Spiranthes cernua, commonly called Nodding Ladies' Tresses, is widely distributed along the Eastern Coastal Plain and southern Appalachian Mountains, to the Mississippi River. It produces 1-5 basal leaves held upright that may begin to wither shortly before the plant flowers but usually persist through blooming. It bears a spike of white to ivory-colored nodding flowers that form a single row in a coiled spiral. This species is distinguished by its upward sweeping lateral sepals and a white to pale yellow labellum and flowers with a spiral arrangement. It grows in moist fields, meadows, bogs, marshes, and fens, as well as along roadsides and riverbanks. It can populate appropriate areas by seed. The flowers are delicately fragrant.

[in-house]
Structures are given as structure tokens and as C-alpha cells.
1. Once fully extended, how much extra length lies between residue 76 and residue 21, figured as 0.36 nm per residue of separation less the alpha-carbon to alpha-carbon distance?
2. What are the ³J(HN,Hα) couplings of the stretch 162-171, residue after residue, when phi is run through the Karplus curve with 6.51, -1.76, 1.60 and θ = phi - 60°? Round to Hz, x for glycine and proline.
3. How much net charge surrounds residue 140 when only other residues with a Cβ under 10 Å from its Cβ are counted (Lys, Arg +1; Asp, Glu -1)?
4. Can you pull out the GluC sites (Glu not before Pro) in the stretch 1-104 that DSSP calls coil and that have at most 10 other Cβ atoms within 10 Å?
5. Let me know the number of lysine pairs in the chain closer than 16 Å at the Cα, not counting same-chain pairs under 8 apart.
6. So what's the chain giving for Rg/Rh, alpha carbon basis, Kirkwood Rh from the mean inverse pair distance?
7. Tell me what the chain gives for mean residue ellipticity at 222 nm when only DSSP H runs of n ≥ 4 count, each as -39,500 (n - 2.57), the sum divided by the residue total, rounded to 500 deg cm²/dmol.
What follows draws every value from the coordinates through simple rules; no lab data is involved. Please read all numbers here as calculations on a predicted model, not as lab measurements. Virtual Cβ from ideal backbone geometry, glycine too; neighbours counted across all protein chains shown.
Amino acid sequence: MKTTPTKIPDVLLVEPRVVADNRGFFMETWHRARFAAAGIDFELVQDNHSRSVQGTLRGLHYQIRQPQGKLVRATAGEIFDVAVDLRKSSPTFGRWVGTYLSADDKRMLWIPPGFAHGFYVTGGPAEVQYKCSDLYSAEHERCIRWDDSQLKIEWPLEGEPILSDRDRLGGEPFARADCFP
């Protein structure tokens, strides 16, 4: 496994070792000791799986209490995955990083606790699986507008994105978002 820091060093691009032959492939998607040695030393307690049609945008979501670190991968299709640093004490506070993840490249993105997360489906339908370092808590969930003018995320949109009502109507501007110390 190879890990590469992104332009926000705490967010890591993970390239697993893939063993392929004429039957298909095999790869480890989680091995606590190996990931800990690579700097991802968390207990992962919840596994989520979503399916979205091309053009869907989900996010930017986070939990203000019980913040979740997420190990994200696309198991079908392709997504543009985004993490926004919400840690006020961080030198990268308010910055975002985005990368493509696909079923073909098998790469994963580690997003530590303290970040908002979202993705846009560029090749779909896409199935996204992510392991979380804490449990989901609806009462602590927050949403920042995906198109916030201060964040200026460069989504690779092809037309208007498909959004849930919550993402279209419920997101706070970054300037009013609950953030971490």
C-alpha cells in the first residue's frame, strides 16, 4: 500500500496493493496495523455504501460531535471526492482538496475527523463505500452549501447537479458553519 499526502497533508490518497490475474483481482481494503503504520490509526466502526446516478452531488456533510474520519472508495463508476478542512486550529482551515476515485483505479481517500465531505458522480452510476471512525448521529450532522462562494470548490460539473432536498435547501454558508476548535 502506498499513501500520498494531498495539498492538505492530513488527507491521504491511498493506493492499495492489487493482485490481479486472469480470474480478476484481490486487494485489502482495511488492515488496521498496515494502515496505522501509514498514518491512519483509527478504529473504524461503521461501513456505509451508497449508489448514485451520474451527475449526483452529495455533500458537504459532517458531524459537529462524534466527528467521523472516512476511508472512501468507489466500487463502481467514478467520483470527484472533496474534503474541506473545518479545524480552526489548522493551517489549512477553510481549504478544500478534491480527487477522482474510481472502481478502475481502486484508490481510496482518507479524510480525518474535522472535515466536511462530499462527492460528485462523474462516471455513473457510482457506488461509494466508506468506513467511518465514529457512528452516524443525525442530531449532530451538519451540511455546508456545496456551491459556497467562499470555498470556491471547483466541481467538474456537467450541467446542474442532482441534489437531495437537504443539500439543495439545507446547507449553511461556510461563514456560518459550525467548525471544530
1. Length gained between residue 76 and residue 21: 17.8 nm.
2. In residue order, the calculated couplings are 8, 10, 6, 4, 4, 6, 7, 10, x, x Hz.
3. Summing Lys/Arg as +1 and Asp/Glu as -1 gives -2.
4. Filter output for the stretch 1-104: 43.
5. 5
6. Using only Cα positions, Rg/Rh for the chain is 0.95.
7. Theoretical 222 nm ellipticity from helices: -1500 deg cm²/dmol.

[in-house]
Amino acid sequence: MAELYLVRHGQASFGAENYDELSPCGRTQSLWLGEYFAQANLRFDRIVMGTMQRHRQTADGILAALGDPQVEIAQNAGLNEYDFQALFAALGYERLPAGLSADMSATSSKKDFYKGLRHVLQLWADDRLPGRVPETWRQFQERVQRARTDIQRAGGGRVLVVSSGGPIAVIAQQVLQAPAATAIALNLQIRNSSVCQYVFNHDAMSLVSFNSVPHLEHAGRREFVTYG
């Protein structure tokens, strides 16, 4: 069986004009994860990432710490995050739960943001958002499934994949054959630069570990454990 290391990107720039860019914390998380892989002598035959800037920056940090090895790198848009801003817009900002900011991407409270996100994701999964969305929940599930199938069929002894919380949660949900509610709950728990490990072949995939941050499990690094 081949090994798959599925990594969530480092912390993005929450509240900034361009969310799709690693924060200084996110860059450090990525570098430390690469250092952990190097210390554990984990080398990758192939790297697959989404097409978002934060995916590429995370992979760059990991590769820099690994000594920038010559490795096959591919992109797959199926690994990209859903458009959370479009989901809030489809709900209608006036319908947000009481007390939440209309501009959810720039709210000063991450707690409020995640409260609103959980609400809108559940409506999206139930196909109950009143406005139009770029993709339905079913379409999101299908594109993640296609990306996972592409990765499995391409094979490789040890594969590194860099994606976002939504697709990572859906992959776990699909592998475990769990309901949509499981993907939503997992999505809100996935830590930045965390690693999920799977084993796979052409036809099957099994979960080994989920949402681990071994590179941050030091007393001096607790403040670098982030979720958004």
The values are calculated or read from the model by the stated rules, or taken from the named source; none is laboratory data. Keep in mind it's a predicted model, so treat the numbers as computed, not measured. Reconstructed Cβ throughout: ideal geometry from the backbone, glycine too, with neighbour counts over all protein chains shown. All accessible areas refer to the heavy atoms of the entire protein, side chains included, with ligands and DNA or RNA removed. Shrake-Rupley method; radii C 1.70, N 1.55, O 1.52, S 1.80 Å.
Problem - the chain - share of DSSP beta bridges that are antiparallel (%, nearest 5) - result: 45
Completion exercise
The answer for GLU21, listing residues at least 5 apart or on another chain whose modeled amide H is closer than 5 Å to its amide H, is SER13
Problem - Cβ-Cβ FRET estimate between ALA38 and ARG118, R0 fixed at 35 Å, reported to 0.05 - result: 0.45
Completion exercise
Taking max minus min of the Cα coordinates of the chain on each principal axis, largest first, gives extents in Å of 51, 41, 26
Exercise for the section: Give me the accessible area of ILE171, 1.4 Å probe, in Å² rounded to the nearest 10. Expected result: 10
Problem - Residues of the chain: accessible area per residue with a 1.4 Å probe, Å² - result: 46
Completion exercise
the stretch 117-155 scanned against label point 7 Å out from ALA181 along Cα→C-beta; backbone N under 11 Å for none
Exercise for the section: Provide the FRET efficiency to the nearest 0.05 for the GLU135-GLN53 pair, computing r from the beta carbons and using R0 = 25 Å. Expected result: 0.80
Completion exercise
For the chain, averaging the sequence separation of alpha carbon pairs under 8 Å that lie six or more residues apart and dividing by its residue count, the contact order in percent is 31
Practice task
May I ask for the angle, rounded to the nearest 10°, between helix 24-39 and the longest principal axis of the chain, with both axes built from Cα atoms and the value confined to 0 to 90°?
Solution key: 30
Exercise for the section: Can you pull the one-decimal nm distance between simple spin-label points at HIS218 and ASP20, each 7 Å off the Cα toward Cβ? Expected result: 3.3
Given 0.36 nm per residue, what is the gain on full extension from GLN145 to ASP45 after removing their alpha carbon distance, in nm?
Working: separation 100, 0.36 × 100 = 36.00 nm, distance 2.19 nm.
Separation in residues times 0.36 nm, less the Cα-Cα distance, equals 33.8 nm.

Although this orchid may be capable of self pollination, bumblebees such as Bombus fervidus, Bombus impatiens, Bombus terricola and an unidentified Dialictus bee are known insect pollinators. As in most Spiranthes, bumblebees move upward on the inflorescence in search of nectar. Older flowers at the base of the stalk have more nectar, which makes them an efficient first stop for the foraging bumble bees.
This is a very easy orchid to grow in moist situations, and quite lovely.